Audrey Hepburn and director Terence Young visited a school for the blind to learn more about the visually impaired. Hepburn learned enough Braille to appear to be reading and writing it, although she really isn't, a fact which wasn't apparent to audiences until home video, with rewind and freeze frames. Susy's use of Braille is a change from the Broadway script, where she uses things like sugar cubes to keep track of phone numbers. Writing phone numbers in Braille is a better real-world choice, and realistic touch, that developed from Hepburn's meeting with blind people.
During the credits there is no credit for costumes, this is because Audrey Hepburn herself picked the clothes she wore from the stores in Paris.
In an interview, Alan Arkin talked about the Oscar nominations he received for his early major film roles (The Russians Are Coming the Russians Are Coming (1966) and The Heart Is a Lonely Hunter (1968)). When asked if he was surprised that he was overlooked for "Wait Until Dark", his second movie, he replied: "You don't get nominated for being mean to Audrey Hepburn!"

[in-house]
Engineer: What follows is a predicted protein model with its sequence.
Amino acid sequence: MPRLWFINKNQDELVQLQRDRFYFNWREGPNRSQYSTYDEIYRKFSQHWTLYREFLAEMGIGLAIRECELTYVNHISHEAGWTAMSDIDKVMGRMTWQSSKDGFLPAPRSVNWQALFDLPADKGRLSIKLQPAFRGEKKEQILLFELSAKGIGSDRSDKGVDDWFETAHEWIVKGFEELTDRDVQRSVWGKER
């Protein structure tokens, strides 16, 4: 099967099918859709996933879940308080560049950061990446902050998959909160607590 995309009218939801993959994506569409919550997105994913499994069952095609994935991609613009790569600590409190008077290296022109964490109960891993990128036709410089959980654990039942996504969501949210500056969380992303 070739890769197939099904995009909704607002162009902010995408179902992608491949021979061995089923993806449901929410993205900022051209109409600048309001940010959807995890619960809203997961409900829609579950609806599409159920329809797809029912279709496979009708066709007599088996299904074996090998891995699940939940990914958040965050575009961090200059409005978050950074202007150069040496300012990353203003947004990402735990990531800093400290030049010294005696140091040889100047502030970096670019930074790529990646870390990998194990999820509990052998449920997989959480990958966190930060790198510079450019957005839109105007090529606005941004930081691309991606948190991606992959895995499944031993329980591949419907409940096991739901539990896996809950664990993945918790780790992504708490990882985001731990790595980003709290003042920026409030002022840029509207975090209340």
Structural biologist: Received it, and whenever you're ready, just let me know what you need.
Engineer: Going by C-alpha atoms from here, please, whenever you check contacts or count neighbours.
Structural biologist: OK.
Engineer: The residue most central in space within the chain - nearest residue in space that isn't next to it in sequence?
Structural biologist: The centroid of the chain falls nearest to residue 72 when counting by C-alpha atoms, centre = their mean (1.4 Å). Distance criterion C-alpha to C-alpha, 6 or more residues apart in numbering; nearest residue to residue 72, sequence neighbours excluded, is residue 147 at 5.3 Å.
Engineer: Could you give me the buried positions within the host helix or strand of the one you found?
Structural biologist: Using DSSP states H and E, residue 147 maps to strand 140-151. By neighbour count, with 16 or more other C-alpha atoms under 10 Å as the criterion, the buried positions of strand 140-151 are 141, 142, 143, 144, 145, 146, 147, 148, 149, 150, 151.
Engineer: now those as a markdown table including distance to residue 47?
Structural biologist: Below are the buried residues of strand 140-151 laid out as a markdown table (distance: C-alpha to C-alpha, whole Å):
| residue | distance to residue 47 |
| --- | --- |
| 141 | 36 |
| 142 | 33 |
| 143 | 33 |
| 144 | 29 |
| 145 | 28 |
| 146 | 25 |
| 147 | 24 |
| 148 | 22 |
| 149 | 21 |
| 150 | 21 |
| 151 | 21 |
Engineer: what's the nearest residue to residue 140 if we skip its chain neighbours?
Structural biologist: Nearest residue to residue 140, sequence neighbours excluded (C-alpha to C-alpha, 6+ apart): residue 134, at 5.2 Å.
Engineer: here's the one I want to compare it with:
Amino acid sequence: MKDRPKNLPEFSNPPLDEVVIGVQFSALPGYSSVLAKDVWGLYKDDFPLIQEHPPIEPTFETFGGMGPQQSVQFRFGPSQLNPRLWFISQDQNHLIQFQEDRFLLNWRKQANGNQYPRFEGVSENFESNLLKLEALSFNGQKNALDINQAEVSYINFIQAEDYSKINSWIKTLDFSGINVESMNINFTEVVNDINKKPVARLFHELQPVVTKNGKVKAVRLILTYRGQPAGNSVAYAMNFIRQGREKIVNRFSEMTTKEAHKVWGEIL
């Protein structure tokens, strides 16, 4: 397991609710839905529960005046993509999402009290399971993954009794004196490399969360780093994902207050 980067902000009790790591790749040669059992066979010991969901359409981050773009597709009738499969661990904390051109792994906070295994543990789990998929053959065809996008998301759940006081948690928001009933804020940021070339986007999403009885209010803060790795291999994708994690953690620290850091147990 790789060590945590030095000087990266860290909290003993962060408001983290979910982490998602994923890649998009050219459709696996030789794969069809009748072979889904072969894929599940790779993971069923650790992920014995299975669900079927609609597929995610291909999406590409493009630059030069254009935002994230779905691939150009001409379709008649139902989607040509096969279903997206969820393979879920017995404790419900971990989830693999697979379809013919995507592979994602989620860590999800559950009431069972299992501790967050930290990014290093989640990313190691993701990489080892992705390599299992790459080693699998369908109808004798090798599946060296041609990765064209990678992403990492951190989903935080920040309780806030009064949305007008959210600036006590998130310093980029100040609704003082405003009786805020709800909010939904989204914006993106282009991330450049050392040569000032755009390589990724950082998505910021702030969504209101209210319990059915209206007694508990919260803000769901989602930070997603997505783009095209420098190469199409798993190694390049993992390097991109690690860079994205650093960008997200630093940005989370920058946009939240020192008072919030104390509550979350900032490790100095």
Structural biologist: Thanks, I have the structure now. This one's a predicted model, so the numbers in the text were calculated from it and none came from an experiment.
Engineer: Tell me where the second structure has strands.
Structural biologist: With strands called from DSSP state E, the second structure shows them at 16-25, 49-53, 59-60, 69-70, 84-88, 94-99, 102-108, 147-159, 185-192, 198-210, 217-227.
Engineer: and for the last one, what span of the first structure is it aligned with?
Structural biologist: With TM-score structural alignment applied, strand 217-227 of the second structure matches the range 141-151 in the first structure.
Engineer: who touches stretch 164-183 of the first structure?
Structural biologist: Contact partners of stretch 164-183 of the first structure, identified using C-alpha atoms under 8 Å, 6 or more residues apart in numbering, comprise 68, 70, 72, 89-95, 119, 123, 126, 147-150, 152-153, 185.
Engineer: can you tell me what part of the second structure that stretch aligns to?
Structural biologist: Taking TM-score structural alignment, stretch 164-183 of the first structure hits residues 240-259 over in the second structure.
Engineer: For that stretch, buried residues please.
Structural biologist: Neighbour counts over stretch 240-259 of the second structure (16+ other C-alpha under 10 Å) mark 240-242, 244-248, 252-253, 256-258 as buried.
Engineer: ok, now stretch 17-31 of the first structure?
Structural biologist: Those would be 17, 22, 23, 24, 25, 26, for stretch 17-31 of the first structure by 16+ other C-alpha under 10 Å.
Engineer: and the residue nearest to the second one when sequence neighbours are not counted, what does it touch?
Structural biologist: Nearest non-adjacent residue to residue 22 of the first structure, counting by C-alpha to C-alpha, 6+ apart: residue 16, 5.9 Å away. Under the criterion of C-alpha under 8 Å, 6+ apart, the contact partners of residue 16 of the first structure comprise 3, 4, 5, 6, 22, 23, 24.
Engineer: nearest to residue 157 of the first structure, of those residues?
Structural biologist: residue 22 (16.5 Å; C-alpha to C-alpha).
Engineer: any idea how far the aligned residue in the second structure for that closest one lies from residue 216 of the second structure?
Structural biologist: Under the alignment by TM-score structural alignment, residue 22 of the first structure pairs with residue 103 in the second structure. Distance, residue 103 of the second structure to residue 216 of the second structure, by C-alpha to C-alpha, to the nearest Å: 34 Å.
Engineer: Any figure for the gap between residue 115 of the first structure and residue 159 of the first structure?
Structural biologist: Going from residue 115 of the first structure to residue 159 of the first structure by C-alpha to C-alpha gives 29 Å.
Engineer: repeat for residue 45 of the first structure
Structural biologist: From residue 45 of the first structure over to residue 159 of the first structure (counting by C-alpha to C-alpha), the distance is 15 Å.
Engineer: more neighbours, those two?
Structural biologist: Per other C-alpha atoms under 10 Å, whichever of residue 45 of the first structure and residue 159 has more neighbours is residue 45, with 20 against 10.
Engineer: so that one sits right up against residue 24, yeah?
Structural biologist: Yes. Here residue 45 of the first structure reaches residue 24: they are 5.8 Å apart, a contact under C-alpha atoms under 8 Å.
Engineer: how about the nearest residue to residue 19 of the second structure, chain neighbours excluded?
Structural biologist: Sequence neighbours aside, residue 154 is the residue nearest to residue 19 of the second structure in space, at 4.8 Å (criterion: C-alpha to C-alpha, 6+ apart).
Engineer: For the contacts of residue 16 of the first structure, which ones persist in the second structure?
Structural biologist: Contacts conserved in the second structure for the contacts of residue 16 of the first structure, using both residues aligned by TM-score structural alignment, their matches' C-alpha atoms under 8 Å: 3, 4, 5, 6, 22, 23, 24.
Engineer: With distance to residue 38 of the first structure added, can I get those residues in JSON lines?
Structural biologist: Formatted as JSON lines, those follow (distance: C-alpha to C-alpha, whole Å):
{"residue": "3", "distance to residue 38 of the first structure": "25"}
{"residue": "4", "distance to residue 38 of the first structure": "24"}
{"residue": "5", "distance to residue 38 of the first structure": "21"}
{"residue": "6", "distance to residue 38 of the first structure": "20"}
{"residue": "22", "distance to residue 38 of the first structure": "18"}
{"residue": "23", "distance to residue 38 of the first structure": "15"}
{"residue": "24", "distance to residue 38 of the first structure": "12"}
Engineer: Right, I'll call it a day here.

In his non-fiction book Danse Macabre, Stephen King declared this to be the scariest movie of all time and that Alan Arkin's performance "may be the greatest evocation of screen villainy ever."
Each of the products in the refrigerator (an all-important prop) were carefully angled so that no brand names were recognizable.
Produced by Audrey Hepburn's then-husband, actor Mel Ferrer. Working on this movie together was a last-chance attempt to save their marriage, which ended one year later, in 1968.